On 10 September 2001, I was writing the following as a chapter in my book project about canonical novels adapted into Cold War American films: In Approaches to Teaching Moby-Dick, one of a series of pedagogically-oriented Modern Language Association books on classic literature, Martin Bickman makes the following claim about the 1956 Hollywood film version of Melville's mid-nineteenth-century novel, directed by John Huston:
There is widespread agreement . . . that the 1956 Warner Brothers film of Moby-Dick, casting Gregory Peck as Ahab and something like the Goodyear Blimp as the whale, is unsatisfying. Milton R. Stern, however, ingeniously shows in "The Whale and the Minnow: Moby-Dick and the Movies" how a comparison of the film with the book can highlight the nature and strengths of the latter. (15)
As much of my previous work on film adaptation has shown-for example, my defense of Martin Ritt's 1959 melodramatic film version of William Faulkner's The Sound and the Fury-the elitist assumptions imbedded in such a knee-jerk critical assault on Hollywood films need to be challenged.1 This paper proposes to question the "widespread agreement" that the only things to be said about Huston's film version of Moby-Dick are that it is obviously inferior to Melville's original and that it sports a rubbery special effects whale.
To pursue such a project, I will explore a set of critical approaches to Melville's novel that center on the 1950s as a crisis point in Moby-Dick criticism. In particular, this critical strand centers on the New Historicism's assault on accepted notions of the meanings of the key texts of the American Renaissance. Led by "New Americanist" Donald Pease, this criticism has suggested that the increased attention to Moby-Dick in post-World War II America was driven by Cold War ideology. By reading F. O. Matthiessen's American Renaissance as expressive of these ideological concerns, Pease argues, in his essay, "Moby-Dick and the Cold War," that Melville's novel was appropriated during the Cold War as a direct expression of a simplistic battle of good and evil, between an Ishmael who allegorically codes for freedom and a totalitarian Ahab. Of course, more generalized studies of the Cold War critical establishment's ideologically-driven readings of canonical literature have situated the Moby-Dick case within a larger paradigm. Geraldine Murphy's "Romancing the Center: Cold War Politics and Classic American Literature" is one such case in point.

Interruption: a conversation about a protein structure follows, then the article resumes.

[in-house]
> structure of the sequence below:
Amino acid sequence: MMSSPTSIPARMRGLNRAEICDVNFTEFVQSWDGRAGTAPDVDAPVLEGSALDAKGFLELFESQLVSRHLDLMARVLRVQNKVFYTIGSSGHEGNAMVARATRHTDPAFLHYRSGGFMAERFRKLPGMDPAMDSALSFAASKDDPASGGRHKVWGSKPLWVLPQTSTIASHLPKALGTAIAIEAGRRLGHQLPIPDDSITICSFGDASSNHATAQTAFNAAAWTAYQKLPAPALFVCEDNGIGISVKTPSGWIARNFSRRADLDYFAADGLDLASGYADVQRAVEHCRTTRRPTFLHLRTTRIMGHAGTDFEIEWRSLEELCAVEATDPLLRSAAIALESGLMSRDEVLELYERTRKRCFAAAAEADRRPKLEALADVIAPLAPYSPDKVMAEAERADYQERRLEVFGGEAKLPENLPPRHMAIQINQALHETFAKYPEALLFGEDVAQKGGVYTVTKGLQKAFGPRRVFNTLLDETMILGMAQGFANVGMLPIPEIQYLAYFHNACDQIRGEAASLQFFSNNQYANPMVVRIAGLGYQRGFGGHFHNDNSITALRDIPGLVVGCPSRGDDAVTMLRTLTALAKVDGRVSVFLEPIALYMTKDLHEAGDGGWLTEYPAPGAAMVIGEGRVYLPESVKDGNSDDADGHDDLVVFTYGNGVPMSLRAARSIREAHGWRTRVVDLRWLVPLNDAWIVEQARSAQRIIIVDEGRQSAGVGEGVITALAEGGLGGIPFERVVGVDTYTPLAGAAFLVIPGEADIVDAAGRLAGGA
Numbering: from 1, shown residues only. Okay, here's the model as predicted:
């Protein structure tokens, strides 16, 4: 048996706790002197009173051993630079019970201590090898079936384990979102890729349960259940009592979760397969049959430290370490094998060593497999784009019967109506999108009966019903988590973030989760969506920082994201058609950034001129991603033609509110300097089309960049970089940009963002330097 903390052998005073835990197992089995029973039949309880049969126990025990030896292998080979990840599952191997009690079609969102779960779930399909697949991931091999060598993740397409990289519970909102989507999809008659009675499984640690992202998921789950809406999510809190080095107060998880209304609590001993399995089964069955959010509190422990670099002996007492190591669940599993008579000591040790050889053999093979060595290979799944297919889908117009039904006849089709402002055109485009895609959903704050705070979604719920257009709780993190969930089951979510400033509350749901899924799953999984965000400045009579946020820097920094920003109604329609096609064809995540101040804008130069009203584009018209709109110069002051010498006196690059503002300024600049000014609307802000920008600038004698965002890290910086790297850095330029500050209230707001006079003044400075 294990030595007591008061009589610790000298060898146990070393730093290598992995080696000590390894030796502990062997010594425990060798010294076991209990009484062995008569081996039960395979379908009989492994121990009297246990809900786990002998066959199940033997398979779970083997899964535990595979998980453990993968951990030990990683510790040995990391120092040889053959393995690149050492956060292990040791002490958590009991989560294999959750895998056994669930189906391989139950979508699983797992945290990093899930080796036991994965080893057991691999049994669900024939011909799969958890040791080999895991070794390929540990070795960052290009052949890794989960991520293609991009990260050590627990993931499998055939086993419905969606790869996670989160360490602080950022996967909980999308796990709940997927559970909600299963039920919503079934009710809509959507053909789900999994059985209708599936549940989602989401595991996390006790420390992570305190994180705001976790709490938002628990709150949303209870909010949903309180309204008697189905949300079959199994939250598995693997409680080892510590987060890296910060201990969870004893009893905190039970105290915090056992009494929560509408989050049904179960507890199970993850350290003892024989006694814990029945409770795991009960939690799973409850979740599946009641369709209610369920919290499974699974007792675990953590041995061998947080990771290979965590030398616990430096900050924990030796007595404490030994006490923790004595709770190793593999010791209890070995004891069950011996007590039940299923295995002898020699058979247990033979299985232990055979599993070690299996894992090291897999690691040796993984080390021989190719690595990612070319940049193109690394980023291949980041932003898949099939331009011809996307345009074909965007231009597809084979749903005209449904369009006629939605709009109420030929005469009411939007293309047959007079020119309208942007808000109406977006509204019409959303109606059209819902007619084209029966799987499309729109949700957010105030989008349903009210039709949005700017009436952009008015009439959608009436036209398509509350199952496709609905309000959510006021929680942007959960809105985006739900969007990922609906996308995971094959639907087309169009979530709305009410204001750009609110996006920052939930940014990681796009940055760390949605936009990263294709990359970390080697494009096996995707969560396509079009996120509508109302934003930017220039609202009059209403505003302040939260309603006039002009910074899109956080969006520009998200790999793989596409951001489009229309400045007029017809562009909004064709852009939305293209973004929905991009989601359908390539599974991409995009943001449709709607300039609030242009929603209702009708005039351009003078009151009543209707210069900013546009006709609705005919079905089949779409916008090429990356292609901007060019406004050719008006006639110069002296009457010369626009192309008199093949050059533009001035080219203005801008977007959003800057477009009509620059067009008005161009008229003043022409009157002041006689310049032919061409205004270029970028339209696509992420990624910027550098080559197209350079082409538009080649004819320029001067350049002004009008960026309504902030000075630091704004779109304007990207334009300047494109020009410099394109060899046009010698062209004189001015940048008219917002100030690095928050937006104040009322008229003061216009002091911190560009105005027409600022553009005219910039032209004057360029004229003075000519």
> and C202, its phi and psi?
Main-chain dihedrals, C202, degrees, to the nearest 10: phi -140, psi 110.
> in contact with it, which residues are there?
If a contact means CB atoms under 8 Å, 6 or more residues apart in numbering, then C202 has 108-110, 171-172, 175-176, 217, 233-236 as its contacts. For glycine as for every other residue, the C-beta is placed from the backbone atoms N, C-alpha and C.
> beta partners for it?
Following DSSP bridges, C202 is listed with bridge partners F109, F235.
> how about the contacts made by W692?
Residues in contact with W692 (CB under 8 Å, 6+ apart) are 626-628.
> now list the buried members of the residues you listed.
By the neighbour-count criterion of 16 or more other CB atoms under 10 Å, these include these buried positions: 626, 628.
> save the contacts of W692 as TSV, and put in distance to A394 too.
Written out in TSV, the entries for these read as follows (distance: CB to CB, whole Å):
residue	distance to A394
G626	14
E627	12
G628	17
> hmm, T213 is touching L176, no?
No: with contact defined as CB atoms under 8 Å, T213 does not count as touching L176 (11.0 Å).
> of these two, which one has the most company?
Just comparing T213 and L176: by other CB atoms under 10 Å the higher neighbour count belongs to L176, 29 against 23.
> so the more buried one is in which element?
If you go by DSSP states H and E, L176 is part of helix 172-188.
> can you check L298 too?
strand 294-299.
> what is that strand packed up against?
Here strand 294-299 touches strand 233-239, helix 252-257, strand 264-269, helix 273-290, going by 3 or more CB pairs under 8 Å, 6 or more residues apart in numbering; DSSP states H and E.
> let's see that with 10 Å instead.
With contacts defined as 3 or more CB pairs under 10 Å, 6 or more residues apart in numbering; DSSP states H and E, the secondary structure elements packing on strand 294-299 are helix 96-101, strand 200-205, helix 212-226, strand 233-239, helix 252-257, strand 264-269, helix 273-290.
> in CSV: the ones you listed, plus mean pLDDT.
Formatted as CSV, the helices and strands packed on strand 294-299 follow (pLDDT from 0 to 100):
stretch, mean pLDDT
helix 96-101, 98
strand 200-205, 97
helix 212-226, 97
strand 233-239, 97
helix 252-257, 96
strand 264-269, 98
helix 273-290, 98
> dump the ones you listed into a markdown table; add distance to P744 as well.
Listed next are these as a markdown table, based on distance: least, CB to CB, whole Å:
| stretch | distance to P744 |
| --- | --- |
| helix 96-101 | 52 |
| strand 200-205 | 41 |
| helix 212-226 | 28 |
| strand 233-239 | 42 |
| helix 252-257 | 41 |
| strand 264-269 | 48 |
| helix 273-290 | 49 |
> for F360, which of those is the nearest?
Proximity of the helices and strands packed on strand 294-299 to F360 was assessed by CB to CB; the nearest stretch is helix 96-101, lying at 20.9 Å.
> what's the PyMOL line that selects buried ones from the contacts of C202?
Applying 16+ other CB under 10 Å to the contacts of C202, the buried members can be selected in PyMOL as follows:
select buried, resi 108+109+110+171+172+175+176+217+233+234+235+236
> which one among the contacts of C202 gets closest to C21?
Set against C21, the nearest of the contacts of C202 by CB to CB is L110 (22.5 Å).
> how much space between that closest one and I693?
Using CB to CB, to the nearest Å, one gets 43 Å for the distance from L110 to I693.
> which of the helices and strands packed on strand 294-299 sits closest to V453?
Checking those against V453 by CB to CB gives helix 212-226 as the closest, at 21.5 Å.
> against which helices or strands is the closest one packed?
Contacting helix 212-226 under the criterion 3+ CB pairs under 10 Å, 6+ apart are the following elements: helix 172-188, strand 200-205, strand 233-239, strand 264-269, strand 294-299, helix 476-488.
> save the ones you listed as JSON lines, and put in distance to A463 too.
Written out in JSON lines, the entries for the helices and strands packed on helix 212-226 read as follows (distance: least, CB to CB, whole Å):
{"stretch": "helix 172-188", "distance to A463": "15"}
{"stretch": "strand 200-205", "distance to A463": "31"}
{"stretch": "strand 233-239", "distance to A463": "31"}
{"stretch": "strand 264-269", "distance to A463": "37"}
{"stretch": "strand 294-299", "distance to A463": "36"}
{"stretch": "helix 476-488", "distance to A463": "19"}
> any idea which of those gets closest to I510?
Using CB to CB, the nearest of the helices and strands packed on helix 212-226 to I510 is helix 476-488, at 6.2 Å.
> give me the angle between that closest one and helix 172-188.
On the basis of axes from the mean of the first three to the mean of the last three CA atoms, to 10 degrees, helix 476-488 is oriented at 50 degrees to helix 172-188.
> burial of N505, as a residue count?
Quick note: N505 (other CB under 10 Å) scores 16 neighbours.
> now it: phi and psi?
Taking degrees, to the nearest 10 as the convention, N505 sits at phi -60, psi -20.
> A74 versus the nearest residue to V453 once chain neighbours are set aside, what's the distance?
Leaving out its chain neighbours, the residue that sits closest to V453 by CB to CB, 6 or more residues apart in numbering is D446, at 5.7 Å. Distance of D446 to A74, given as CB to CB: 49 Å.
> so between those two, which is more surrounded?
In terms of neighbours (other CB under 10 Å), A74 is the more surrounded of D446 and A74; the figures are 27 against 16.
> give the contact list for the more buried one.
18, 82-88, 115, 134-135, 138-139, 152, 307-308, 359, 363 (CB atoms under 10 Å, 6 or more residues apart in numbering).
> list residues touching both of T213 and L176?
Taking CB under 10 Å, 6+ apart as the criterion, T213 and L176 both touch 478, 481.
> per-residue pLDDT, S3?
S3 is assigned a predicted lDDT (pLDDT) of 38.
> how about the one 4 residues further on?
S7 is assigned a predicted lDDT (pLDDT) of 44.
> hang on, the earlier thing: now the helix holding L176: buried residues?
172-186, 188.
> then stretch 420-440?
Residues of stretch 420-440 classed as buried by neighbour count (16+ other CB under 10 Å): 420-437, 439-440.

This paper will use such criticism as a methodology for interrogating John Huston's film as a critical act, engaging with the Cold War assumptions as to the meaning and scope of Melville's Moby-Dick as it would have been understood circa 1956. First and foremost, such criticism pushes the apocalyptic components of Melville's novel to the foreground. A novel that uses the Pequod as a microcosm of American diversity-in terms of class and race-ends with the destruction of that symbol. Furthermore, as Lakshmi Mani proposes in The Apocalyptic Vision in Nineteenth Century Fiction, Melville's apocalyptic ending relies on the vast ocean as the site of imperialist conquest and its failure, an ocean that clearly resonates with Pacific atomic bomb testing prevalent in the American consciousness of the 1950s. Thus, when Pease suggests, "That final cataclysmic image of total destruction motivated Matthiessen and forty years of Cold War critics to turn to Ishmael, who in surviving must, the logic would have it, have survived as the principle of America's freedom and who hands over to us our surviving heritage," it can be made resonant with Huston's film's Cold War activation of Richard Basehart-as-Ishmael's ideological survival of the United States in its conflict with the Soviet Union.
Continuing with such top-down political readings of the film, one would observe that Melville's engagement with theories of leadership-contained in his examination of Ahab's ruination of the "ship of state" and its resonance with Thomas Hobbes's Leviathan, for example-would be pertinent for a film made at the moment of Dwight Elsenhower's 1956 defeat of Adlai Stevenson. …